There will be days you’ll feel like you’re tired of the usual ink you use for practice and yearn for a little bit more color variation. When I started out, I had 3 staple inks on hand: black sumi ink, vermillion sumi ink and walnut ink.
If calligraphy ink came in all colors, I would probably buy them, but that wouldn’t be practical and e-x-p-e-n-s-i-v-e. And unfortunately, calligraphy ink does not come in hundreds of colors unless you know how to mix them.
As I browsed through other people’s feed in Instagram, I realized that to create those wonderful colors, you don’t necessarily have to limit yourself to “calligraphy ink”.
In all honesty, anything liquid and with color you could use to write. Among the usual mediums people use for ink include fountain pen ink, watercolor, acrylics and gouache. If you wanna spice up your letters and introduce a bit more color, you could try any of these:
FOUNTAIN PEN INK
Most fountain pen ink that I’ve tried with my nib (Noodler’s, Diamine, Pilot Iroshizuku) have been viscous enough for my nib. All you need to do is dip the nib in the ink and write like you do with your usual calligraphy ink. I would suggest transferring a portion of ink into a small container so you don’t risk spoiling an entire bottle of ink.
If, by any chance, you feel the consistency is too watery for your liking, try adding a couple of drops/portions of gum arabic. Make sure you only add gum arabic to a small quantity of ink in a separate container. It doesn’t matter if it’s the liquid or powder form of gum arabic. It is important, however, that you only put small portions at a time to the ink. Mix them thoroughly and test the ink. Rinse your nib in between ink tests. If you added a little too much, you could add few drops of water to help correct the consistency.
You could use tubes, pans or half-pans. All you need to do is mix the right amount of pigment with water and use a paint brush to apply the paint onto your nib. For those who’ve been wanting to try out the Fintec palette, this is also for you. However, if you have liquid watercolor like Dr. Ph. Martin’s, then no need to go through this entire process. Just dip your nib in the paint and start writing! Just follow the tips from the previous section.
You’ll need: your choice of paint, paint palette, 2 cups for water, paintbrush (preferably a size 2, 4 or 6), paper, eyedropper/pipette.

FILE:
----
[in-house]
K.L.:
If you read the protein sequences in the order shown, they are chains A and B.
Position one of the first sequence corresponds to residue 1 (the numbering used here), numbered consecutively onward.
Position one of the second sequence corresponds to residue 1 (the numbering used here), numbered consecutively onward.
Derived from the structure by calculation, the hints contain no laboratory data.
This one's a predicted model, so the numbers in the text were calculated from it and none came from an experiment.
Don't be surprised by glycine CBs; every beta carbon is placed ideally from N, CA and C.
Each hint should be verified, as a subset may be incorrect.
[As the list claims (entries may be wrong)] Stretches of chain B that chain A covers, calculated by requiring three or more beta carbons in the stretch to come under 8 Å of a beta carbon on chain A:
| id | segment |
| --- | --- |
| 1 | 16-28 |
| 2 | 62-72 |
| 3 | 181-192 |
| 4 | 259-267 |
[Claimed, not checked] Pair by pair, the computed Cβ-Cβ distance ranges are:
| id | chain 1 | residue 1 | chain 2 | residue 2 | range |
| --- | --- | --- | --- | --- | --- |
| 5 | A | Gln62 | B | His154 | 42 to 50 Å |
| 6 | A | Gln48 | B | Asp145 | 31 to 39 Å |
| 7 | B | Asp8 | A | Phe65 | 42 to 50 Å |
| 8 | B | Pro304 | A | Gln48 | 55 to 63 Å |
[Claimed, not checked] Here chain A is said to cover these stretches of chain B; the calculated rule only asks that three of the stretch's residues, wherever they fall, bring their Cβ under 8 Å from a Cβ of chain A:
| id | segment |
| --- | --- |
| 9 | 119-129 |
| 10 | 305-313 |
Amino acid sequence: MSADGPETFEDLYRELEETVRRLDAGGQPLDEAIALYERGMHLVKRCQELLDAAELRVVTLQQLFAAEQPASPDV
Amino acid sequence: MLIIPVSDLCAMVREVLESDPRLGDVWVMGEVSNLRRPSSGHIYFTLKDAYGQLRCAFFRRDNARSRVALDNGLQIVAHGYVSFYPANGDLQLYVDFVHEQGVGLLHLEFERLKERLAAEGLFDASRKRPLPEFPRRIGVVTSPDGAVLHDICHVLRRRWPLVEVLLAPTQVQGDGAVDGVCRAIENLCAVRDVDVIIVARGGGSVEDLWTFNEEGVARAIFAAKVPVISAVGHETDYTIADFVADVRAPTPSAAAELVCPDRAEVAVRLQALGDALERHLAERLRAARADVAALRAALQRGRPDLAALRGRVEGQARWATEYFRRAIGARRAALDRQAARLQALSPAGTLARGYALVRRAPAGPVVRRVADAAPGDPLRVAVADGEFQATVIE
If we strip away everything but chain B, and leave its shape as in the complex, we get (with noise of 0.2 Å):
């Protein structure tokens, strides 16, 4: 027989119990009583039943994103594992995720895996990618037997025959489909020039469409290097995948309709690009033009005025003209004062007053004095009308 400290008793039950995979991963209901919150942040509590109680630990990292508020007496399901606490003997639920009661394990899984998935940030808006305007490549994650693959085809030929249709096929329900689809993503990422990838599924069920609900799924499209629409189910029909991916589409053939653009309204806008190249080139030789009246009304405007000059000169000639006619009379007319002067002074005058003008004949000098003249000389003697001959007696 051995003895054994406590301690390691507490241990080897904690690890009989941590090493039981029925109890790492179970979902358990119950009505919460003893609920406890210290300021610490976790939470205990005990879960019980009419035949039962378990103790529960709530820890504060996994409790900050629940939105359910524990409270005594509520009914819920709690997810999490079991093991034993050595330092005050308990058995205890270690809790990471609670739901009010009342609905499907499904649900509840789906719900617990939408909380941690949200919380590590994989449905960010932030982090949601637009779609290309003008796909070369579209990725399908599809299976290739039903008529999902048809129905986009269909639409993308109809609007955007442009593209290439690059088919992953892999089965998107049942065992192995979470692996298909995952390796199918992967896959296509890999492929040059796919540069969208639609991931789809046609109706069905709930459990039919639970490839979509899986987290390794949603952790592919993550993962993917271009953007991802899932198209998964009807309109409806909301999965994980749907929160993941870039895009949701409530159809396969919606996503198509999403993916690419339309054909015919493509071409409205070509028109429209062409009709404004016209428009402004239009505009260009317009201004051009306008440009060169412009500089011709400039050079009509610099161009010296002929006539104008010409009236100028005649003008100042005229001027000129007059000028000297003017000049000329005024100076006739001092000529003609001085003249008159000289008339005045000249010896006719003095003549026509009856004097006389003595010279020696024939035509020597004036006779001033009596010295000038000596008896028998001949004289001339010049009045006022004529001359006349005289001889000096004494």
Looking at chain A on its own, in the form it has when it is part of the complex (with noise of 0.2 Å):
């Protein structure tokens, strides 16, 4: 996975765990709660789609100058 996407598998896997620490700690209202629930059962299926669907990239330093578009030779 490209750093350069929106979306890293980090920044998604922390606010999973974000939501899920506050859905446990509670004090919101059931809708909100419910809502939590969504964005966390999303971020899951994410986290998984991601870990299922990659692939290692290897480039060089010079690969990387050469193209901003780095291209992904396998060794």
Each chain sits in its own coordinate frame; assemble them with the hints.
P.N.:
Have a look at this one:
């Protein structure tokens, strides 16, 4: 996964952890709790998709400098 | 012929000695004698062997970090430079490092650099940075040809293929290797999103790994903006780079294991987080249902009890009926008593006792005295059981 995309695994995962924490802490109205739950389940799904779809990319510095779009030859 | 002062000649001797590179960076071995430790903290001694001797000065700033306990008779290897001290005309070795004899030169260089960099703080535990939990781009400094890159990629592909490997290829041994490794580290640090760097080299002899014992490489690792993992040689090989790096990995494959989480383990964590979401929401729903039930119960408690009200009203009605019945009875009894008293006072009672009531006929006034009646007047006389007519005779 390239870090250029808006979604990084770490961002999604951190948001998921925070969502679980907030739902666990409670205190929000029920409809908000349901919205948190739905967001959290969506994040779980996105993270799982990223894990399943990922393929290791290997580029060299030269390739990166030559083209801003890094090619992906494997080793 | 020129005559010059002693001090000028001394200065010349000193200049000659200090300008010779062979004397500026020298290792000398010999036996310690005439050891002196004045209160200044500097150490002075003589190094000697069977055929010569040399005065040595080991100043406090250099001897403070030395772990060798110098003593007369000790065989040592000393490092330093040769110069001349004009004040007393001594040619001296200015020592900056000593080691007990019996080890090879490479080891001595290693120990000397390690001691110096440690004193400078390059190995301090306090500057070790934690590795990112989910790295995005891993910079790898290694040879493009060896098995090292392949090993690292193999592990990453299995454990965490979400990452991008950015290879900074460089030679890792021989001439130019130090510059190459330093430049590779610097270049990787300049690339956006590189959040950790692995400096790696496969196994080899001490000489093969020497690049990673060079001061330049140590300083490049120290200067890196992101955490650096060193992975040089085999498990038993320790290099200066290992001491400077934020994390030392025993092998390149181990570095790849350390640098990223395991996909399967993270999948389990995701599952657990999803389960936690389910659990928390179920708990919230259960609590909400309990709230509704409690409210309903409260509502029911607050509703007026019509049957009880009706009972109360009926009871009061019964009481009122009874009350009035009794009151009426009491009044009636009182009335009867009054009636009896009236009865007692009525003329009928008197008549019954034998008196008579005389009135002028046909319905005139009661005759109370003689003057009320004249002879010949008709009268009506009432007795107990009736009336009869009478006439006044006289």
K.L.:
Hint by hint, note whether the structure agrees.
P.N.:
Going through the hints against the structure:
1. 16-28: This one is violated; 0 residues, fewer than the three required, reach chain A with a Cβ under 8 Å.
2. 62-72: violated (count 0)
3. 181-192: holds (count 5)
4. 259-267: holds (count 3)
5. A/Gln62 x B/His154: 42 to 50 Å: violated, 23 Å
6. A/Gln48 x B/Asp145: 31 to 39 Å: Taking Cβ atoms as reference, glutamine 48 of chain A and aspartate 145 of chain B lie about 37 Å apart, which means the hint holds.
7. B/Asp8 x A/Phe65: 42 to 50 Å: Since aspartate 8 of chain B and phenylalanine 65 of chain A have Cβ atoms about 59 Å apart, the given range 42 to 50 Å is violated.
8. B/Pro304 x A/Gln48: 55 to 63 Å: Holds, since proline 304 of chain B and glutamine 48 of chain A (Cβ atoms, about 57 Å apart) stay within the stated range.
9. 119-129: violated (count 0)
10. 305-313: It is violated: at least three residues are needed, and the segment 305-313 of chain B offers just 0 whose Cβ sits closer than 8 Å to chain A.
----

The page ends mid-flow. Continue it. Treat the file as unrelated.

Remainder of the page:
Watch the video below to find out how you could use these as ink.
You could try similar forms of paint with this method, like acrylics or gouache.. Or you could get creative and use other mediums. I’ve heard some people have even tried using coffee!
MIX YOUR OWN INK
I personally haven’t tried, but I do have the materials needed with me. I’ll post a video when I do. 🙂
If you’re interested in trying to mix your own, you’ll need: water (preferably distilled as this will prevent molds from easily forming in your mix), pearl pigments, gum arabic (liquid or powder form).
To create your own ink, mix 4 parts of pigment and 1 part gum arabic. Then, slowly add distilled water and stir. Ideally, the proportion of your water should be around the same as your pigment. However, you could decide to play around with your ink consistency depending on the effect you would like to achieve. A thinner consistency will tend to lie flat when it dries while a thicker consistency will give you a raised effect when the ink dries. Remember to only add a few drops of water each time you adjust your ink consistency and stir well afterwards.
So in more specific terms, you could try these proportions and slowly adjust as needed:
- 1 teaspoon pearl pigments
- 1/4 teaspoon gum arabic
- 1 teaspoon distilled water
If you’re living in the Philippines, you could obtain pearl pigments and gum arabic from The Craft Cental. I believe Deovir also carries pearl pigments. Other websites you may want to try ordering from: Amazon, Paper and Ink Arts, John Neal Bookseller, Dick Blick
I hope these additional tips would help you enjoy writing more.:)